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 Tips for creating gender harmony in your business


 Humanity is hundreds of thousands of years old, yet it is only in the last fifty years or so that men and women have been moving towards sharing the workplace as equals. The feminist movement of the 1960s played an important role in driving this change.

​The process is far from over, says Kgomotso Ramoenyane, executive director for human resources at Business Partners Limited, and it is inevitable that tensions will arise as old-fashioned attitudes clash with an assertive generation of women taking their rightful place in the world of work and business.

It is a process that business owners should actively manage so as to minimise tension between men and women in their business, and maximise cooperation and harmony, says Kgomotso. She offers six tips for how business owners can do this:

Embrace diversity

Trying to keep your business gender exclusive is no solution to the problem. Apart from the fact that it is illegal to discriminate on the basis of gender, your business is sure to fall behind those that cultivate diversity. The advantages of diversity inside a business has been extensively researched and proven. Companies with a diverse make-up are more innovative, grow faster, find it easier to retain market relevance and are ultimately more profitable. The tensions that arise in a diverse company are well worth the benefits. By actively working towards diversity, a business owner sets the tone in the company that helps to minimise the tensions.

Get rid of practices that make diversity difficult

Although it is changing, the burden of childcare still falls mainly on women, making it very difficult for working moms to attend early-morning and late-afternoon meetings that run too close to the time that children need to be picked up from day-care. Establishing a policy that meetings should be avoided at these times, as far as possible for the business, is easy to implement, without much cost to anyone except those who don’t like change.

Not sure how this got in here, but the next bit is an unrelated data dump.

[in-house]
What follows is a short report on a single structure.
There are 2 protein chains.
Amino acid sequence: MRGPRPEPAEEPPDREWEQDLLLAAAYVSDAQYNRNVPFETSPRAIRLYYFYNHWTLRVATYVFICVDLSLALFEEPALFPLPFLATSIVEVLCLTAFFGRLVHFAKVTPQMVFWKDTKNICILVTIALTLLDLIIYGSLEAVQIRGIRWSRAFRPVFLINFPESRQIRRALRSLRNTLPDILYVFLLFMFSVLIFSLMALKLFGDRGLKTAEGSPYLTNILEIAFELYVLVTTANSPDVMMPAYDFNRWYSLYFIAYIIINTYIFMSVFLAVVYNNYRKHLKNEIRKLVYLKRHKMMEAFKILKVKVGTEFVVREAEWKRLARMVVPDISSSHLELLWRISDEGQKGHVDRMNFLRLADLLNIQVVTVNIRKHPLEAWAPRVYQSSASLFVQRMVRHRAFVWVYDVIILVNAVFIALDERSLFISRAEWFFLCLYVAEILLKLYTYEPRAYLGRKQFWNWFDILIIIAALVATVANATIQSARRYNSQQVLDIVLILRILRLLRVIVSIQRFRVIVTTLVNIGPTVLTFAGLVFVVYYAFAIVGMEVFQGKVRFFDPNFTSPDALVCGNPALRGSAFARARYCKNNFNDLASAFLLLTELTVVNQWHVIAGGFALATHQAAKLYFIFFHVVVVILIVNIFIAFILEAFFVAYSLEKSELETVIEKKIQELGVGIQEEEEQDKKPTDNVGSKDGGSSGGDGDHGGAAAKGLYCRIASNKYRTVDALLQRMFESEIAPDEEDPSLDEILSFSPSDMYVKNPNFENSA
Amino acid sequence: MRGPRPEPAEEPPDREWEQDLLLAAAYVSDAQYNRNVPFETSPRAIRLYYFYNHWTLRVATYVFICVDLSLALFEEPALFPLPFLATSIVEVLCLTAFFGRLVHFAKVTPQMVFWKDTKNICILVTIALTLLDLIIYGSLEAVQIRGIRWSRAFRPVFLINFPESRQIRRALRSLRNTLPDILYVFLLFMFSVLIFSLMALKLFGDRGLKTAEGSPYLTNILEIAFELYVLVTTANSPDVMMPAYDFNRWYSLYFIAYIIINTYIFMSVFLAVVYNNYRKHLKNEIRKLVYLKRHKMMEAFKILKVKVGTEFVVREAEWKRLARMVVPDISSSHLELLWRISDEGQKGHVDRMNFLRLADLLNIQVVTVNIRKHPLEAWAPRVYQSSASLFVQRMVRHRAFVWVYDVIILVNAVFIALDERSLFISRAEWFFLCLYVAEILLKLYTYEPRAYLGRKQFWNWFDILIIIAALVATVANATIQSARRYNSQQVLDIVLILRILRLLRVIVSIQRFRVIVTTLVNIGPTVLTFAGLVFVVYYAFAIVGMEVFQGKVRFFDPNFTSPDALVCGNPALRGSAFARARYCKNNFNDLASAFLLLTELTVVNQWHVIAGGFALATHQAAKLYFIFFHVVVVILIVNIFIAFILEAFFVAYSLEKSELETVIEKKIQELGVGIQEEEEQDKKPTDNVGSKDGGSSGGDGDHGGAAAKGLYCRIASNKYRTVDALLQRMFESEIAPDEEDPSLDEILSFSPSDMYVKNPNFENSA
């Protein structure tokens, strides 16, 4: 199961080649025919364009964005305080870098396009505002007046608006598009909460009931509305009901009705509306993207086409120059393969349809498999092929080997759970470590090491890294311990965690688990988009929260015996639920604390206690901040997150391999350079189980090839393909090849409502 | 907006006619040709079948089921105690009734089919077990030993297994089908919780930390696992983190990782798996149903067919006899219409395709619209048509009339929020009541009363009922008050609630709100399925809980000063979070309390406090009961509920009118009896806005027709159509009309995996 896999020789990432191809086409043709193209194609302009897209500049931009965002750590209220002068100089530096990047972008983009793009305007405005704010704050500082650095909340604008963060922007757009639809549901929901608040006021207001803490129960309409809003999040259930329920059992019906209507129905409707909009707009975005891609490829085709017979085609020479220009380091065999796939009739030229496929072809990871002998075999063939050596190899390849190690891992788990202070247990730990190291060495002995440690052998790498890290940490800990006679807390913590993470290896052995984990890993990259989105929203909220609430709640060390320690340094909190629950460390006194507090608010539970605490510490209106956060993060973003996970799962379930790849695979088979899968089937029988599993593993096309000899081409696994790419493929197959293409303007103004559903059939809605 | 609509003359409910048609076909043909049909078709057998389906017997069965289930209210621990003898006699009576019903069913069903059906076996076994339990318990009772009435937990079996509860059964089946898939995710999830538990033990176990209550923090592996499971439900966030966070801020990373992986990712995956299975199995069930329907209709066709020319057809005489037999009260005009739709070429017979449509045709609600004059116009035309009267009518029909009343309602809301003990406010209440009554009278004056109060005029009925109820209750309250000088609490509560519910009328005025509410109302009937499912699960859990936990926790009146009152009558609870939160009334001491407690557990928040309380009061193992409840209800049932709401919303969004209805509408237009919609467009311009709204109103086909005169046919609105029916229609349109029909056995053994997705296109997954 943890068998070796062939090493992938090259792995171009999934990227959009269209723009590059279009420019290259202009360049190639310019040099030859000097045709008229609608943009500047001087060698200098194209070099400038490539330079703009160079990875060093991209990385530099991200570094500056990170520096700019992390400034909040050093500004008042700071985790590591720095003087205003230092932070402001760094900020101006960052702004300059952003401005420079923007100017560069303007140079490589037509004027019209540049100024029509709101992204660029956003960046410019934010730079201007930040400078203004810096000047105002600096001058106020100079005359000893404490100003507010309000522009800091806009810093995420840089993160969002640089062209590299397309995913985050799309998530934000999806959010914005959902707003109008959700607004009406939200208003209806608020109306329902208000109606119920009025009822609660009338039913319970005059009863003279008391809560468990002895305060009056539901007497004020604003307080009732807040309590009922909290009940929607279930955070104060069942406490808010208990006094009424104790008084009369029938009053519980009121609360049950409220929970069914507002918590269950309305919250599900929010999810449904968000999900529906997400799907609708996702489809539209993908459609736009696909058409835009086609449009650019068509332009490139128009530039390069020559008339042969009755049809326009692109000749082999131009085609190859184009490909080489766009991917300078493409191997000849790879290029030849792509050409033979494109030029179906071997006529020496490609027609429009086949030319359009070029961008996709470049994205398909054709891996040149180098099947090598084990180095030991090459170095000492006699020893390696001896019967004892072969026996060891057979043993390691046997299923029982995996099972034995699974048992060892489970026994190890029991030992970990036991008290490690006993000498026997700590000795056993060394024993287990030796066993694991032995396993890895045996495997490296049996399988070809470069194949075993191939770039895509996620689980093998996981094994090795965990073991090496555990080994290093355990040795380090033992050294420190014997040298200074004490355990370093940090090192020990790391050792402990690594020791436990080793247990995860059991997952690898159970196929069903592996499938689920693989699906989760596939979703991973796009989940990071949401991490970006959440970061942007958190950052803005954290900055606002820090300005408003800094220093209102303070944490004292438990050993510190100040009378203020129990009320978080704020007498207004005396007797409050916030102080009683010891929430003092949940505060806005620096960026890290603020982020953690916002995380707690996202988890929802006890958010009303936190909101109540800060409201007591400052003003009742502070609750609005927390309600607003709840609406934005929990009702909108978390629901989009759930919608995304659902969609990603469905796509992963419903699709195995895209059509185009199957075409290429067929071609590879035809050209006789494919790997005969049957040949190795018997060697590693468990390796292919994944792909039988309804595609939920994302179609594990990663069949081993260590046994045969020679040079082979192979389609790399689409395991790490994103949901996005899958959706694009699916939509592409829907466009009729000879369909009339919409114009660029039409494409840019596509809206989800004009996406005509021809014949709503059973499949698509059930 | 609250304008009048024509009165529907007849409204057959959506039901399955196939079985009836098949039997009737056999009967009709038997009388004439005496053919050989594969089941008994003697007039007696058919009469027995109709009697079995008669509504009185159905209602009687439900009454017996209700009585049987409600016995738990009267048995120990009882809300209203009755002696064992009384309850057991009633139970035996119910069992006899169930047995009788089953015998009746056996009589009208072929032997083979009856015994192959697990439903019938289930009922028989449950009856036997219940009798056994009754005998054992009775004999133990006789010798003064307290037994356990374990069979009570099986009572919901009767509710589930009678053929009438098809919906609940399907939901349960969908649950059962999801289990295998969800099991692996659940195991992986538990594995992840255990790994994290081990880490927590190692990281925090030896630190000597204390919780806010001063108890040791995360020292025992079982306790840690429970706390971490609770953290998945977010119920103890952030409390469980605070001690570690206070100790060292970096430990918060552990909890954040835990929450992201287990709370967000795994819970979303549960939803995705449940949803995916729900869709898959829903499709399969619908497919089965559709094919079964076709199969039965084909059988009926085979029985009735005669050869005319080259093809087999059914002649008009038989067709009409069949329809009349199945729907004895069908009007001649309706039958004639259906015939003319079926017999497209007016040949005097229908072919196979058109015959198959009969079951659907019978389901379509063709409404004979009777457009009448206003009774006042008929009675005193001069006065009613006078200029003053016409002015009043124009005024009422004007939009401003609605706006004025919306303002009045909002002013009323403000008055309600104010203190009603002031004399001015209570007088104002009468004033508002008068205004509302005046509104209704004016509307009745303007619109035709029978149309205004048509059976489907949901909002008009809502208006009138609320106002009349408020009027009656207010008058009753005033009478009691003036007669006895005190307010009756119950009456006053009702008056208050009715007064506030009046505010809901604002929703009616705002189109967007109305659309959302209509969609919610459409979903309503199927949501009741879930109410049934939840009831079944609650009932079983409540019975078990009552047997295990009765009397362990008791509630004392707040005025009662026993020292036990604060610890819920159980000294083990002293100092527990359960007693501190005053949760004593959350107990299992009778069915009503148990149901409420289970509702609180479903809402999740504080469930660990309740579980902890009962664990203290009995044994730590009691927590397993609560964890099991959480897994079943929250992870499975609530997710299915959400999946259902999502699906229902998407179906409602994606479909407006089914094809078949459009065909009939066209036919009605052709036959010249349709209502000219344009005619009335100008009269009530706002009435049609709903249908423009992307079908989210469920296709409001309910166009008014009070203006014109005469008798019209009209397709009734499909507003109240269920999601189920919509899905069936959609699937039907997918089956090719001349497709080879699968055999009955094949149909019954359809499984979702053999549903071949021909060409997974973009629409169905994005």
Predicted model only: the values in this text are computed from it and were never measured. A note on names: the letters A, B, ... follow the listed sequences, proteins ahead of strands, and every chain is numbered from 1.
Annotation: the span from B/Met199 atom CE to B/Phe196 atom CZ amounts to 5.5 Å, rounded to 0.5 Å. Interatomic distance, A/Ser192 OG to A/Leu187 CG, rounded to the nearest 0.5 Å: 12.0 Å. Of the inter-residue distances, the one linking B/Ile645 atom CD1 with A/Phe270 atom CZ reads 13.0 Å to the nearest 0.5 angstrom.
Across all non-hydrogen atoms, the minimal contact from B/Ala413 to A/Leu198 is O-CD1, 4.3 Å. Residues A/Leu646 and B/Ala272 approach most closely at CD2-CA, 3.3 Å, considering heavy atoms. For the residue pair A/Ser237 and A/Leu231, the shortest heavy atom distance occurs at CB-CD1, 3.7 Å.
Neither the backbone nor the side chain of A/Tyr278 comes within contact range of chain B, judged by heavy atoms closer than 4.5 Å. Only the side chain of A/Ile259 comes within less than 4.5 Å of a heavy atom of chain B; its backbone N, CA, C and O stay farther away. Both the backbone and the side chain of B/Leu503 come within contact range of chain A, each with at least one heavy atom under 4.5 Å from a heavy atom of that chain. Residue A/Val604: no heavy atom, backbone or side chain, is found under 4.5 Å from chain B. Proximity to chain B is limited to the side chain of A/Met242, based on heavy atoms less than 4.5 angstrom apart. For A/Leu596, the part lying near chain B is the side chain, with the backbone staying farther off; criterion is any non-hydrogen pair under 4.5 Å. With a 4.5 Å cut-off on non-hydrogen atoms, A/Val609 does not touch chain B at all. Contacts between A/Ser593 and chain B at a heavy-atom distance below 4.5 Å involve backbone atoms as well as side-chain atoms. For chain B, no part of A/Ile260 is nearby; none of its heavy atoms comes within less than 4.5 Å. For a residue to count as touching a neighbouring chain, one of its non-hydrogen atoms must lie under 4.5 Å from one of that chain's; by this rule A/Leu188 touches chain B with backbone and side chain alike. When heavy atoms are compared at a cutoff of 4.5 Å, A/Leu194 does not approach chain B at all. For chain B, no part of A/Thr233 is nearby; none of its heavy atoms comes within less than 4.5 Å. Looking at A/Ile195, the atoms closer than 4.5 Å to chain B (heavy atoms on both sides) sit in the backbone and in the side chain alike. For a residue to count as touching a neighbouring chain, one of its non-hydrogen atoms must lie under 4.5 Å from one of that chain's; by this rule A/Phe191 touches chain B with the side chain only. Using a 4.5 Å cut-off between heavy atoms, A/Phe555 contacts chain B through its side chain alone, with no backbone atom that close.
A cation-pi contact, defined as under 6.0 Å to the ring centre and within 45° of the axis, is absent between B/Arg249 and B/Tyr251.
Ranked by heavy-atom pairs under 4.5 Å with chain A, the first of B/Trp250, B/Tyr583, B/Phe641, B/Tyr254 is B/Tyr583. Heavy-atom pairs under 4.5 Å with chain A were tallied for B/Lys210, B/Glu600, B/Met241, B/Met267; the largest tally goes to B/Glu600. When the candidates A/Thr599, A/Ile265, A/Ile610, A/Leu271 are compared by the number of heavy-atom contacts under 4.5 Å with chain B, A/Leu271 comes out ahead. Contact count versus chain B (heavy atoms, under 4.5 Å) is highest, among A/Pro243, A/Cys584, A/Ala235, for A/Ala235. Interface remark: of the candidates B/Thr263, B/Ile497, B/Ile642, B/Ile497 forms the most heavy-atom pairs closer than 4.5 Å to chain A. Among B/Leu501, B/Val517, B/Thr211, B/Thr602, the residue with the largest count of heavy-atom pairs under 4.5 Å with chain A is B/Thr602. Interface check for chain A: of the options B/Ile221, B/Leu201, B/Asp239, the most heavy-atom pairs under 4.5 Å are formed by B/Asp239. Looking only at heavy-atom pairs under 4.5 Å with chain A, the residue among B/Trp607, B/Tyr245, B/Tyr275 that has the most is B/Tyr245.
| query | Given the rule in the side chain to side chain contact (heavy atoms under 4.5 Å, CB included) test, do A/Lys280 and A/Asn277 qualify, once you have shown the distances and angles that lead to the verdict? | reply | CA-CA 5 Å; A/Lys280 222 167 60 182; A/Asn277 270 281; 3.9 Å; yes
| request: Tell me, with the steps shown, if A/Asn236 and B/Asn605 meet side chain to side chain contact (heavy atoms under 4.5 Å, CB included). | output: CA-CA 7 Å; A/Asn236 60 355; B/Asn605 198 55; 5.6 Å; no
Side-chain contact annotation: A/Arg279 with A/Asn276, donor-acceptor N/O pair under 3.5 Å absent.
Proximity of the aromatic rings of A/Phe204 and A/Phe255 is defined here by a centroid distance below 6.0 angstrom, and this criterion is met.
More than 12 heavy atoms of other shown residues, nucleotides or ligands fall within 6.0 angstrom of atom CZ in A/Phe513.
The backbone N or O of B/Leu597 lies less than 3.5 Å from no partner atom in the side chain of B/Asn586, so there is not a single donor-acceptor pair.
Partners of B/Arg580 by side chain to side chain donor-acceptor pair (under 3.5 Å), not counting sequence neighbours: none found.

Changing the venue of your Friday-afternoon social from a male-orientated sports bar to more gender neutral venue is another example of the many practices that are relatively easy to change to enhance gender harmony. Scan your business for these and invite suggestions from your staff members.

Check your pay structures

Make sure that the principle of equal pay for equal work applies in your business. Even if you have a general sense that it is, check the numbers carefully. It is easy for unconscious bias to create a gender pay gap, starting at the recruitment process.

Fight the assumptions of stereotypical lifestyles

The basis of much tension and resentment between genders in the workplace is the assumption by old-fashioned managers that men and women have certain predictable lifestyles. Men who want be involved in the raising of their children are therefore frowned upon when they request flexible hours for child duties. Women are assumed to be unreliable on the long term because sooner or later they will leave to have children. At worst this leads to them losing out on promotions and at best not being taken seriously as a permanent member of the team.

These assumptions can be subtle and deeply ingrained. It has taken generations to start the change, which is far from over.

Start with an examination of your own mindset, and raising awareness about it among your managers.

Fight the assumptions of stereotypical behaviour

Old biases such as the assumption that women are emotional and men are rational, women are care orientated and submissive and men action orientated and dominant often lead to misjudgements and the dismissal of workers’ complaints, suggestions and contributions as irrelevant, causing much frustration in the workplace.

In their own management style and approach, business owners can do a lot to raise awareness among their staff that men and women are capable of the whole range of behaviours and that pigeonholing colleagues and subordinates into gender stereotypes limits the potential of workers.

Take sexual harassment seriously

Although the global Me Too movement has done a lot to shine a light on the problem of sexual harassment in the workplace, the voices of South African women in the workplace are still somewhat muted. It might be that some of your workers are suffering quietly the inappropriate actions of their colleagues.

An explicit policy on unacceptable forms of behaviour can help to clear up differences in expectations between different generations in your business.

Most importantly, take allegations of sexual harassment seriously. Don’t sweep it under the rug and hope that it will go away. Confront it by investigating and listening carefully, and taking firm action where necessary.

Keep the conversation flowing

Discussing gender issues and tensions need not be a heavy, threatening exercise? With a light touch, and a healthy dose of warmth and humour, it can form a regular part of company gatherings and meetings.




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